New modes of governance, the Open Method of Co-ordination and other fashionable red herring

Timo Idema, Daniel R. Kelemen

Research output: Contribution to journalArticlepeer-review

61 Scopus citations

Abstract

Many academic analysts have greeted EU efforts to promote ‘new modes of governance’ including the Open Method of Co-ordination (OMC) with enthusiasm. Most of the literature on EU governance suggests that the introduction of new modes of governance is desirable and that the OMC and other new modes of governance are likely to play a greater role in EU governance in the future. We challenge this view of the OMC and other ‘new’ modes of governance. The current significance and likely future impact of such modes of governance has been greatly exaggerated. The OMC and new modes of governance more generally are red herring that distract attention from the more important and pervasive increase in the formality and judicialisation of EU policy making. While we agree that the idealised model of the OMC might be desirable in many respects, we question the conceptual underpinnings of this hopeful vision and find that the actual practice of the OMC to date has little to recommend it. Finally, we reject claims that the OMC and other new modes of governance promise to enhance the legitimacy of EU policy making. Instead, they threaten to do precisely the opposite.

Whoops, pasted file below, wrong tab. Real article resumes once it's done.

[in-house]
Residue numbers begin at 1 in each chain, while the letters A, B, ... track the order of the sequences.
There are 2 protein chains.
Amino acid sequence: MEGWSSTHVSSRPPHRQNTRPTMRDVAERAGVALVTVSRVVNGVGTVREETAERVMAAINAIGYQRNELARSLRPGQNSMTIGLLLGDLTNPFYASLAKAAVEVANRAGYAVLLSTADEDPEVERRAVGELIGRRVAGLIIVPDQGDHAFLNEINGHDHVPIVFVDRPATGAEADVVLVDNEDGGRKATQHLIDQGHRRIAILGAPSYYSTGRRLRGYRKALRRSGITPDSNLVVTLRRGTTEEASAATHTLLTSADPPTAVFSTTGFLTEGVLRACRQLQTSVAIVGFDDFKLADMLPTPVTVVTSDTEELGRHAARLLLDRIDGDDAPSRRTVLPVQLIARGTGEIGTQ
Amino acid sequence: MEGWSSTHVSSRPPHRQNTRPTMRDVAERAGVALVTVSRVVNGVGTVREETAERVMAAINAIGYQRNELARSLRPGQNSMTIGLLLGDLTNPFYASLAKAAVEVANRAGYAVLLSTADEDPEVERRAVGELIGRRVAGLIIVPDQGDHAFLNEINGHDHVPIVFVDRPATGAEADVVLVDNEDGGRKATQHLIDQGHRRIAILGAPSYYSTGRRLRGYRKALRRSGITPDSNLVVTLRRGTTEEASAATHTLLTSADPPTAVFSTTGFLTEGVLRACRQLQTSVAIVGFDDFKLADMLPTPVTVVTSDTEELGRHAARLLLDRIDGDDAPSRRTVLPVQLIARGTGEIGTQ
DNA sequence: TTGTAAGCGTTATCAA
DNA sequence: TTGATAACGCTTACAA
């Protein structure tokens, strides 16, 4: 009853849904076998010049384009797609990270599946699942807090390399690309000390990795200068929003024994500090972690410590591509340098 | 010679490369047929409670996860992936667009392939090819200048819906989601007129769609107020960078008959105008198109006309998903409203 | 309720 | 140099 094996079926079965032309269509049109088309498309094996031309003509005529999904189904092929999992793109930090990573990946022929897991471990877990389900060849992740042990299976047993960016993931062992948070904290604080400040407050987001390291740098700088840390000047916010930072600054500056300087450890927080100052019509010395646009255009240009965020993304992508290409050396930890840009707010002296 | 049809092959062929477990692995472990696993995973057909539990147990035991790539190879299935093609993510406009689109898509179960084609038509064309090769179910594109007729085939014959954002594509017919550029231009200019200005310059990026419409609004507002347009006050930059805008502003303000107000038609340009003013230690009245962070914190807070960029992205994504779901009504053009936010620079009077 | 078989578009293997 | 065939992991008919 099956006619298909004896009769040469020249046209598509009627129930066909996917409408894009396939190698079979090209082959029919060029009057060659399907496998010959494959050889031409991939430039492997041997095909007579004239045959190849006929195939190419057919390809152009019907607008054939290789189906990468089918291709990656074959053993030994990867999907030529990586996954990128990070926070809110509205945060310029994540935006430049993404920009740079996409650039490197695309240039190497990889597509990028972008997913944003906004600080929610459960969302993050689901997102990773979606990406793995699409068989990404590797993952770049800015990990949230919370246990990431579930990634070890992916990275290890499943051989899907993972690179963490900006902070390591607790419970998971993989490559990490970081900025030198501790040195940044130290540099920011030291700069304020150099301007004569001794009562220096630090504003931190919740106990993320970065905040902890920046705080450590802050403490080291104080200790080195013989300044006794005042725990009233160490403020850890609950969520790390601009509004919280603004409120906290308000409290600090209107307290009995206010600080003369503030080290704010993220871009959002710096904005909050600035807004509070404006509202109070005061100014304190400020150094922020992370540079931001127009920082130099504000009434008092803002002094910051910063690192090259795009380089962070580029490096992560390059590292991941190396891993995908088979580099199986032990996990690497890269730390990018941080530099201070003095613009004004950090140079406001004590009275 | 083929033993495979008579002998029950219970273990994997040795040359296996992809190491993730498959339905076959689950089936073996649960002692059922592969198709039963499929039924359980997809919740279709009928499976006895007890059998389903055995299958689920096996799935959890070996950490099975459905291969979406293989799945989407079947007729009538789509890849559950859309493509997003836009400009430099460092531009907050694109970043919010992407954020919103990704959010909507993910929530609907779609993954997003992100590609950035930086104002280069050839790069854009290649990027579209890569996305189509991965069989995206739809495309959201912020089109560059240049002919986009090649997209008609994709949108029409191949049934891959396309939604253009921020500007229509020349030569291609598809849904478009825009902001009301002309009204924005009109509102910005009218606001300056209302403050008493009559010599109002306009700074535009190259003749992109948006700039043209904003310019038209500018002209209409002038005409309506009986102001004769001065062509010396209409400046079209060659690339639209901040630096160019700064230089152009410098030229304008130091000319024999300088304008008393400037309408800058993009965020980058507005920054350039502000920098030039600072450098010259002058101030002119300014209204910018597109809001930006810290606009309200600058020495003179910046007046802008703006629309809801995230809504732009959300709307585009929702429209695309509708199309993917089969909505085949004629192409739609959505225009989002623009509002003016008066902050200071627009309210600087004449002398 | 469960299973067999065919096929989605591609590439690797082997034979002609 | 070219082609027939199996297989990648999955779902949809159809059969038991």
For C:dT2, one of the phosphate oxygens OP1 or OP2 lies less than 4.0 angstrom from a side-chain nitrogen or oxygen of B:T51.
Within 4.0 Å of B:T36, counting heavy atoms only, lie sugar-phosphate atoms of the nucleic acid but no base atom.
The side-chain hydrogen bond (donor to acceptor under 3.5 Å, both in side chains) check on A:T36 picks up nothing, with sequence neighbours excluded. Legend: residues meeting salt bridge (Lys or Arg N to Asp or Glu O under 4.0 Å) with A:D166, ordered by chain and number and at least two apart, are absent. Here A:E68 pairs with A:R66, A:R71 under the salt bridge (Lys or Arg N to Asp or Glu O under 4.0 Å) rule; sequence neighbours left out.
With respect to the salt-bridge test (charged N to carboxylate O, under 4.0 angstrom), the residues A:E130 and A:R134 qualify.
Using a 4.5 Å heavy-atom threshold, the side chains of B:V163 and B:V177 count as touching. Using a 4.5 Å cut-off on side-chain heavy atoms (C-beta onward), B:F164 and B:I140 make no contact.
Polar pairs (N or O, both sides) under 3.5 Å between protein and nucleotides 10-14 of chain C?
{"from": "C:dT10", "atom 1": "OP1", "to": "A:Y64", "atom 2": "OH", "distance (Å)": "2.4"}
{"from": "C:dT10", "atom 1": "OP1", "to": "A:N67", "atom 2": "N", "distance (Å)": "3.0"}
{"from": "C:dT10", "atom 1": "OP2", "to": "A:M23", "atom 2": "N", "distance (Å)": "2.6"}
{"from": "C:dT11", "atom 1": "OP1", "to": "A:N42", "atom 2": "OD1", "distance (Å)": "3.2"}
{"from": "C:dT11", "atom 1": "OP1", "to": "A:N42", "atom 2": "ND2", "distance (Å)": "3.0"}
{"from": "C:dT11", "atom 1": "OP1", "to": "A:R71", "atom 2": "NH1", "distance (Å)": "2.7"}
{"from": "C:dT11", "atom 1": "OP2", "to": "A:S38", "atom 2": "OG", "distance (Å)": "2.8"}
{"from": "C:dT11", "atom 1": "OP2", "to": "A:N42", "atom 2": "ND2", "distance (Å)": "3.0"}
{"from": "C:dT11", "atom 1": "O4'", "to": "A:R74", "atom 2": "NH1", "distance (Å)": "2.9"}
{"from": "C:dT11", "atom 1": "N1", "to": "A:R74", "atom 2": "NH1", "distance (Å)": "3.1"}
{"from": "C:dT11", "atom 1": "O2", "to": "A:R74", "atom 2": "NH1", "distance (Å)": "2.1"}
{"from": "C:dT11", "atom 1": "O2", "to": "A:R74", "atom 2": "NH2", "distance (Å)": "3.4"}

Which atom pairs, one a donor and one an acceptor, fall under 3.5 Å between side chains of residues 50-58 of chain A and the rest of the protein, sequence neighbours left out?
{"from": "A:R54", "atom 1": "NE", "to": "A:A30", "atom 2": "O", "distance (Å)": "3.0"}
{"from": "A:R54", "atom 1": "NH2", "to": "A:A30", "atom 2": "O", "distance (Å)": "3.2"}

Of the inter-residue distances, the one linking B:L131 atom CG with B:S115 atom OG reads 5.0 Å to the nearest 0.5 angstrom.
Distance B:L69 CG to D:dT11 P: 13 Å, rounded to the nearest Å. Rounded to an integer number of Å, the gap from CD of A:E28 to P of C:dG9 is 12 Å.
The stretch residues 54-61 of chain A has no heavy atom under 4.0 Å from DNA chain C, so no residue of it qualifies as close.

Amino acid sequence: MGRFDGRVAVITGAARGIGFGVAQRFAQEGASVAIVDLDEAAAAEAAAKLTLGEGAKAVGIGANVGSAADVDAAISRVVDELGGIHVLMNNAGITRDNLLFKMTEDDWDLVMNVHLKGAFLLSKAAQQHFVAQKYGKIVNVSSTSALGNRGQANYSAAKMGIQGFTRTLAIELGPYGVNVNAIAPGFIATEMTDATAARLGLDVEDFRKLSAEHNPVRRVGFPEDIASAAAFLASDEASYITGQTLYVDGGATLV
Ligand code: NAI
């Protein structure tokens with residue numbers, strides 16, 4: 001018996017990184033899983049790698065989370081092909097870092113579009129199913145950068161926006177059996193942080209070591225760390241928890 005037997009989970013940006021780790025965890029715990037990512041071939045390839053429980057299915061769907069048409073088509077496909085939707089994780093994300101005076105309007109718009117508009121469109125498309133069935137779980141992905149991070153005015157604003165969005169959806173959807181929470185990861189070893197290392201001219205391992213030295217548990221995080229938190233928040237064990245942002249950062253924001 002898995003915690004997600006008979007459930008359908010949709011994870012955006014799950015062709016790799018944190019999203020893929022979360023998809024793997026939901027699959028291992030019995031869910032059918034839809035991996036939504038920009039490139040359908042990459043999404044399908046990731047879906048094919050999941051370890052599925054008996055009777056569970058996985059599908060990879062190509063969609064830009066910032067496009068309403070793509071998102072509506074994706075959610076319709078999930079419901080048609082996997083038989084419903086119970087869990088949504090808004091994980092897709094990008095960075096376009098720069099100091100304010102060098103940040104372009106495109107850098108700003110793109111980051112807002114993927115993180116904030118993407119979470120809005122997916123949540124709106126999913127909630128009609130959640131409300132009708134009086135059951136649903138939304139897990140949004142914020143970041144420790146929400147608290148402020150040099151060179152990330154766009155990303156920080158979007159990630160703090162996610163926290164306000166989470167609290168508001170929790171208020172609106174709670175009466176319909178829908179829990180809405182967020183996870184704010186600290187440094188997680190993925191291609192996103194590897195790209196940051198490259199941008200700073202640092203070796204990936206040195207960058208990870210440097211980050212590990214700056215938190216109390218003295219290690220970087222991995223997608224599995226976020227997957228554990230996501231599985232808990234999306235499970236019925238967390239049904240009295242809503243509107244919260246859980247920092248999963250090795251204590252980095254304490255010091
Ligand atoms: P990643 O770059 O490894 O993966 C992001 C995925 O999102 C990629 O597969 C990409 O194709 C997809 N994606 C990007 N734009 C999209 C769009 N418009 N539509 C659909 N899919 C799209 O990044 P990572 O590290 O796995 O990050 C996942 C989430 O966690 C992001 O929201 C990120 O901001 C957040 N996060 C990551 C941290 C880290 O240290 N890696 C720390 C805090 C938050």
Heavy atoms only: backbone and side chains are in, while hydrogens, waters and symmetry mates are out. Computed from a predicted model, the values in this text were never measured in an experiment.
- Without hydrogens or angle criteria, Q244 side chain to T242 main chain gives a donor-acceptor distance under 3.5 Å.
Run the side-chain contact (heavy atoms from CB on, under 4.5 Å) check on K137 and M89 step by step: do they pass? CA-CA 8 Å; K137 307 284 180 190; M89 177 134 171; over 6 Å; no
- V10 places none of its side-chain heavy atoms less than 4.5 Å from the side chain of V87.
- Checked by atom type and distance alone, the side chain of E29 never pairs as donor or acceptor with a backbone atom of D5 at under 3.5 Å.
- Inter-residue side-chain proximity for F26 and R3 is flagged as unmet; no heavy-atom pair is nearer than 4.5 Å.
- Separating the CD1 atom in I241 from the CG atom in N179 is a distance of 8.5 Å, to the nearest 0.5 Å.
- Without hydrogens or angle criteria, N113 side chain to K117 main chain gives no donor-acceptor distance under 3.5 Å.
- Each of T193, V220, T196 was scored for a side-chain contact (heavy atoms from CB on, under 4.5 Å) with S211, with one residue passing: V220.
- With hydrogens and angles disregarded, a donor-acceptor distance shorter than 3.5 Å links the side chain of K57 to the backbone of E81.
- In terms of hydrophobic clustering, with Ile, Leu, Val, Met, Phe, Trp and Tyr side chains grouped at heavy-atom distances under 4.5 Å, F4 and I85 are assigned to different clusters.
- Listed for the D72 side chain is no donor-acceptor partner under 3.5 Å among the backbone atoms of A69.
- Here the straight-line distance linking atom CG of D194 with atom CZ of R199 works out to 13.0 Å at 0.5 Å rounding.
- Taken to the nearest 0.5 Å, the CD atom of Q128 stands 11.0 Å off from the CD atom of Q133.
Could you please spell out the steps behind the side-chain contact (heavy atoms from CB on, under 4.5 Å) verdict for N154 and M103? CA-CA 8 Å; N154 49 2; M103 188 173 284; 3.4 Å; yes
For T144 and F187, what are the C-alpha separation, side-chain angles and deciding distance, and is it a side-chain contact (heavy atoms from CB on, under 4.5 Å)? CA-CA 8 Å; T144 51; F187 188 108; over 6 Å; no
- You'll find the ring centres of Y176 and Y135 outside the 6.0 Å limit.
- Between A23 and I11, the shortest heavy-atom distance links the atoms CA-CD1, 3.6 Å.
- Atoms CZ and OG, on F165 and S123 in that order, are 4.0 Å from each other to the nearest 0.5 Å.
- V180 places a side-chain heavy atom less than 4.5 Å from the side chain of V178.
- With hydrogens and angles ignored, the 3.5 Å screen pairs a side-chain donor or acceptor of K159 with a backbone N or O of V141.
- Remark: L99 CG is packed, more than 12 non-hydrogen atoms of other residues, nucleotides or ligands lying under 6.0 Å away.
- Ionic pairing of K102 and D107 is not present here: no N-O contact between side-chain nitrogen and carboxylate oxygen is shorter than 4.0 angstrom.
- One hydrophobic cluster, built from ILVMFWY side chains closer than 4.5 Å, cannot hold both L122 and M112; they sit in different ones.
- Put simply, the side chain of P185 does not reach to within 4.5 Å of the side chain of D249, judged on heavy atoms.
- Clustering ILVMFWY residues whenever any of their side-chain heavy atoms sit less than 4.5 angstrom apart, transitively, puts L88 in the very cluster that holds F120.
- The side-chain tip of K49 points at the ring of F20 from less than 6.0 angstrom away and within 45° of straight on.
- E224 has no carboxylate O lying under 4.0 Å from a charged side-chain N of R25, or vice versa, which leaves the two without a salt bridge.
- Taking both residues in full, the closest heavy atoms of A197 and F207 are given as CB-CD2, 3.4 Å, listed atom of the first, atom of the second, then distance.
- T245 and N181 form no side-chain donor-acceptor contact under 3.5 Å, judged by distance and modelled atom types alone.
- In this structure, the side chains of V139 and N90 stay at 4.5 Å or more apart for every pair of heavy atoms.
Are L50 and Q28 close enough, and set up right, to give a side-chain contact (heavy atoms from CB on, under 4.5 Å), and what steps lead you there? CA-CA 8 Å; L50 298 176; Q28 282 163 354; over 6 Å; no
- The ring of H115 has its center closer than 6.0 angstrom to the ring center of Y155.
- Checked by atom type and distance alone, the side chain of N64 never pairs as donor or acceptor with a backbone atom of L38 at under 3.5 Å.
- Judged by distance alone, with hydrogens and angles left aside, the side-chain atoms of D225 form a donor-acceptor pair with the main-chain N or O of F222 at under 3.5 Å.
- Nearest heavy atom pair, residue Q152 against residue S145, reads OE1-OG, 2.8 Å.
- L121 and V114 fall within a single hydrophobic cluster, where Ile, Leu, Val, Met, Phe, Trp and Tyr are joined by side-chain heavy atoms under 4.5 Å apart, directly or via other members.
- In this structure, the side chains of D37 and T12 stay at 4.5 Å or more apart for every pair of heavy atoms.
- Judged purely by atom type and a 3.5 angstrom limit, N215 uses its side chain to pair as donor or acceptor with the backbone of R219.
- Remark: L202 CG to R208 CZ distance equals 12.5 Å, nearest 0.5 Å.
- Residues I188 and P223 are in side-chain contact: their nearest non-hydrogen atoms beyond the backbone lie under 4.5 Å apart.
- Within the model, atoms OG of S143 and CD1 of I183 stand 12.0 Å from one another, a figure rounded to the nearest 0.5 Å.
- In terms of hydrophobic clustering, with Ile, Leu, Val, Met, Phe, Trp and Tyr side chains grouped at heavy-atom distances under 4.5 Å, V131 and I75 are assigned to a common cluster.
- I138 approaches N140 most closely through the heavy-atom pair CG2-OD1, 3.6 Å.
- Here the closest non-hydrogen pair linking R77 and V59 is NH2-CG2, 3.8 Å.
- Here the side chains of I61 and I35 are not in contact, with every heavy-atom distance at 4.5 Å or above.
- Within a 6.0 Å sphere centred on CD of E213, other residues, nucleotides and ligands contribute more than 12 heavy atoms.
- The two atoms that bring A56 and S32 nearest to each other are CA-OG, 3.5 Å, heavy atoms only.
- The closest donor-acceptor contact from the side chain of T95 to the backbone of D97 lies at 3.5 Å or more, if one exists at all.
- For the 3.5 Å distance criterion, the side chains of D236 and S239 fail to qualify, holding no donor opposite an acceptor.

Original languageEnglish (US)
Pages (from-to)108-123
Number of pages16
JournalPerspectives on European Politics and Society
Volume7
Issue number1
DOIs
StatePublished - May 2006

All Science Journal Classification (ASJC) codes

  • Political Science and International Relations
  • Sociology and Political Science

Keywords

  • European union
  • Governance
  • Open method of coordination
  • Regulation

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